The mounted combat rules are notoriously poorly written. Here is a humorous example:
Your mount acts on your initiative count as you direct it. You move at its speed, but the mount uses its action to move.
I will continue to use the second person, to keep it consistent with the rule.
On a strict reading of the second sentence, you can use the mount’s action to move. And you can move at the mount’s speed. It says nothing of the mount moving with you, although it does mention that it uses the mounts move action.
A horse in pathfinder moves at 50 feet.
So, the benefits of being mounted in pathfinder is that you gain a move speed of 50 feet. You use the horses action to move. So, the horse stays where it is, and you get to move using it’s movement speed. It’s like the horse catapulted you 50 feet away!
Note that running modifiers are multiplications of base movement speed, and the running feat increases this multipler from 4 to 5. All horses have the running feat. So if you direct the horse to run, you can catapult yourself 250 feet.
Thanks to various errata and addendums, they have added a rule that you don’t get to use a full attack action after a mount moves. “If your mount moves more than 5 feet, you can only make a single melee attack.” But our mount didn’t move. It took a move action, and sprinted, but stayed still. So you can take a full attack action!
To make it even better, you never took a move action. If you move through a threatened square, it is the horse that provokes an attack of opportunity. Even though it is up to 250′ away. I am unaware of any abilities that grant 250′ reach.
So, by being mounted and using what I think of as the horse-catapult feature (It’s a feature, not a bug), you can move 250 feet, without provoking attacks of opportunity, and take a full attack action at the end of the movement. Awesome!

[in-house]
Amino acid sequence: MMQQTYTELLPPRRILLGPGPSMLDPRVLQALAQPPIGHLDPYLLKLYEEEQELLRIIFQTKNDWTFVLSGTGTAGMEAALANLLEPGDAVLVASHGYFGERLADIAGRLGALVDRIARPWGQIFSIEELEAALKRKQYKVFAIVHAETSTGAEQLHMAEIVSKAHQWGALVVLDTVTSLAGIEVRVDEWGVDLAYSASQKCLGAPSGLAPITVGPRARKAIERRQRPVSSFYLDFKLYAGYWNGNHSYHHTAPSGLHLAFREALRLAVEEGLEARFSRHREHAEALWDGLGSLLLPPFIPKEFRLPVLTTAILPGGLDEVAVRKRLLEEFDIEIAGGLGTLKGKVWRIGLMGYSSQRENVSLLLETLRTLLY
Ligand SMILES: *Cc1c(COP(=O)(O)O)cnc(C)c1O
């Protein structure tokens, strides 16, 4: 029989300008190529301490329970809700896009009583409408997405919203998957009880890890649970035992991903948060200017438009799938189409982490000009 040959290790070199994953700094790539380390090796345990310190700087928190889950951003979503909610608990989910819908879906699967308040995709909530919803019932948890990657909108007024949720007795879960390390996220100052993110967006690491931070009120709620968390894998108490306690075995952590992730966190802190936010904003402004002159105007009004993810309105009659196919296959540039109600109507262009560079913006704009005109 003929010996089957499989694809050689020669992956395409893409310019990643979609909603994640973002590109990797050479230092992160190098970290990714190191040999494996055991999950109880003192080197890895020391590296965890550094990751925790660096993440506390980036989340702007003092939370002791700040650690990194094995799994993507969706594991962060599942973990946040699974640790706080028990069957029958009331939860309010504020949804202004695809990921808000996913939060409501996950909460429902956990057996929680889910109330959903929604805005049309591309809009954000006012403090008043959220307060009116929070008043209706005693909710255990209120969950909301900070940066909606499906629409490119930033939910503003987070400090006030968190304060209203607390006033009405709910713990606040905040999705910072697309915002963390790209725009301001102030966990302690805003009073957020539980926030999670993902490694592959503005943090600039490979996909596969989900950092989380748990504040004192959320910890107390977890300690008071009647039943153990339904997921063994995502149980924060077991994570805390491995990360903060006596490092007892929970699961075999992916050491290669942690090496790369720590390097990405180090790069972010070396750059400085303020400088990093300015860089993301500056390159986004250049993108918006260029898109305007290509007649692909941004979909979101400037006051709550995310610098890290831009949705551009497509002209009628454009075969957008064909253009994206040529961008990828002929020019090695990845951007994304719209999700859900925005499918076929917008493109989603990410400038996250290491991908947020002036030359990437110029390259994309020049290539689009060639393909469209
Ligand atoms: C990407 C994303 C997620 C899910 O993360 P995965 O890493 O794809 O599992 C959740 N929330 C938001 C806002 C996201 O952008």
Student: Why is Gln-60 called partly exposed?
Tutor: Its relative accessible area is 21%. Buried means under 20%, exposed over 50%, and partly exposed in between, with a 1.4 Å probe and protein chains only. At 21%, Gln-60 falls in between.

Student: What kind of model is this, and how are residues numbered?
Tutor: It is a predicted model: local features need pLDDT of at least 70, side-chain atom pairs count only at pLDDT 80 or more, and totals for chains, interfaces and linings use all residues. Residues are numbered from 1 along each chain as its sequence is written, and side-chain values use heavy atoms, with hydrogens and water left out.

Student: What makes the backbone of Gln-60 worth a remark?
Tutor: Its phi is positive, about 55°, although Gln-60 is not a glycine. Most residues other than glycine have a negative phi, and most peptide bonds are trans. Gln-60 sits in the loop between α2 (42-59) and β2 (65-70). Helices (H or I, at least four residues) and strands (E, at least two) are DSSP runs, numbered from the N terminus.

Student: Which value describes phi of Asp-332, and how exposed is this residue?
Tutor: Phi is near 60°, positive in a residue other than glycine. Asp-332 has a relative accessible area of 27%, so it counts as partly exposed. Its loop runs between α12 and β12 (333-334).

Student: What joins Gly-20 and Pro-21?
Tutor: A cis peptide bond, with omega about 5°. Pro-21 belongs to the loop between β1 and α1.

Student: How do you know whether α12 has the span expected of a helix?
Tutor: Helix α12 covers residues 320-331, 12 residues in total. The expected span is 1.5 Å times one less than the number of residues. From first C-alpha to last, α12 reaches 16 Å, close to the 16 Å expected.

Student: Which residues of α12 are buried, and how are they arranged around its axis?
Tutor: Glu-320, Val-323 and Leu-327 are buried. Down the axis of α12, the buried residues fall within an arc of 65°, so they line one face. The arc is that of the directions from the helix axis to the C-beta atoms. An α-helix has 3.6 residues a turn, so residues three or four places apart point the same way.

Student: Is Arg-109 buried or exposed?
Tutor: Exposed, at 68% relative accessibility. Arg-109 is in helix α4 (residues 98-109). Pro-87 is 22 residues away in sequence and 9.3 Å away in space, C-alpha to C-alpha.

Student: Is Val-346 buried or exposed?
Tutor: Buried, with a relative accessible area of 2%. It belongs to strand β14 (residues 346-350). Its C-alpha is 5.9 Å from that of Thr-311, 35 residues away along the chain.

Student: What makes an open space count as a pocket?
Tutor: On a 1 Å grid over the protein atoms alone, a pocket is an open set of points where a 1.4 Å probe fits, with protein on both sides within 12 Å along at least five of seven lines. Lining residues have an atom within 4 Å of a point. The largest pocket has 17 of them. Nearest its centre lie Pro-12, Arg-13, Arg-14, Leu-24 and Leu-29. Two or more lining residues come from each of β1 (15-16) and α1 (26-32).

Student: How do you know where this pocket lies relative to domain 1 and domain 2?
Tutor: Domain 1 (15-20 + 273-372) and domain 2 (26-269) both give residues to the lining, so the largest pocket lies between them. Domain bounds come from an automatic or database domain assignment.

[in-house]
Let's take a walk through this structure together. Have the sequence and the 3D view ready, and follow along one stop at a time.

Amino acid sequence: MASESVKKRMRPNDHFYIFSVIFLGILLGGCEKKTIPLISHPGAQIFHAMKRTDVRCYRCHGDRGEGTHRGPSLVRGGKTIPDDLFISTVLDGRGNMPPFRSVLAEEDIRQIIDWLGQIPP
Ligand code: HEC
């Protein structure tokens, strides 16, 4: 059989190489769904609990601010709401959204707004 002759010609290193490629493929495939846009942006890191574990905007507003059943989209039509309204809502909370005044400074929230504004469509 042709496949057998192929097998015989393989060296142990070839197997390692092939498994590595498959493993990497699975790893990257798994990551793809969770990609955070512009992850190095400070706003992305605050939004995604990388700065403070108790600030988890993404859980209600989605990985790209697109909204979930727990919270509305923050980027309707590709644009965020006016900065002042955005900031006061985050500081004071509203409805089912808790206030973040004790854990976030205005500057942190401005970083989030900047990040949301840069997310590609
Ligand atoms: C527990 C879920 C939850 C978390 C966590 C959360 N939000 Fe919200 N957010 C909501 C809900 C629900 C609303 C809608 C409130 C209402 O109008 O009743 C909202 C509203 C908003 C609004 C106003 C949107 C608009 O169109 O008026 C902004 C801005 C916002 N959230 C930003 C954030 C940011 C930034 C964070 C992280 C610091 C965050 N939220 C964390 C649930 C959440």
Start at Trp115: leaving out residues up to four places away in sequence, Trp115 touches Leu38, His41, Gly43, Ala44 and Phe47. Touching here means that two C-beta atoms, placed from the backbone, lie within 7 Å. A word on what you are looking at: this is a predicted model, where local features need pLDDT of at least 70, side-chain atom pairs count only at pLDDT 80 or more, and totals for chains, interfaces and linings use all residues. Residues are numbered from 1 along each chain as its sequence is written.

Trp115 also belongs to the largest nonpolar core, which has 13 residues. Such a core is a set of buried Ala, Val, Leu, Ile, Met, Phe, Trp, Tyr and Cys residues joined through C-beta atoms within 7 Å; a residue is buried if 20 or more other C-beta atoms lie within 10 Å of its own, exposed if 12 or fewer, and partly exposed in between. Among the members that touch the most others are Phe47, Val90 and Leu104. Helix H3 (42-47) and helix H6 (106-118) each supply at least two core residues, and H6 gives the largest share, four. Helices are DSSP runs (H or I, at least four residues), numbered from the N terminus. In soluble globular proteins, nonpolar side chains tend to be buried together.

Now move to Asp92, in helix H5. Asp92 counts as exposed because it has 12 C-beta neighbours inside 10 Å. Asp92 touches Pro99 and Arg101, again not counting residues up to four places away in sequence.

Still, you might think this is kind of stupid. I, however, happen to like Knights. And I want my players to sometimes play as knights, which means they ought to receive a mechanical benefit from being mounted. With that in mind, consider the following argument:
- The rule doesn’t specify that the mount moves when it uses it’s move action. In fact, they specify that the player moves when the mount uses a move action.
- If you only retain your movement speed while mounted, then you need to remain mounted for the whole duration of your movement.
- A 250′ long horse is absurd.
- But mounted combat is clearly intended to be useful for something.
- So clearly the rules are intended to be read as allowing for the horse catapult feature.
Now, you might be inclined to say “but if you aren’t on the horse then you are no longer mounted.” to which I have two responses:
1. They don’t specify you only get the bonuses when riding the mount. Hypothetically, all you need to do is own a horse. A horse is a mount whether it’s being ridden or not.
2. There is no strict definition in the rules for what “mounted” means. As such, it is not clear when the “mounted status” should end.
What if the horse uses it’s move action to move normally? There is no rule saying you go along with it. So, to have a game with knights, I need to either allow:
1. the horse catapult, wherein a mounted knight flies away from the horse.
2. A 250′ long horse.
3. A knight whose horse always runs away from him, leaving him standing alone on the field of battle as his brave stallion charges the orc hordes alone.
The Horse Catapult at Higher Levels
Now, just because it’s funny, keep in mind that if you have enough money you can buy a griffon. It is no longer just like you were catapulted by your mount. You are now soring through the air with a fly speed 80. Let the griffon sprint for 320 feet! And you can fly just 5′ above the ground, so you can go over all the rough terrain, and then just take a short drop that causes no damage.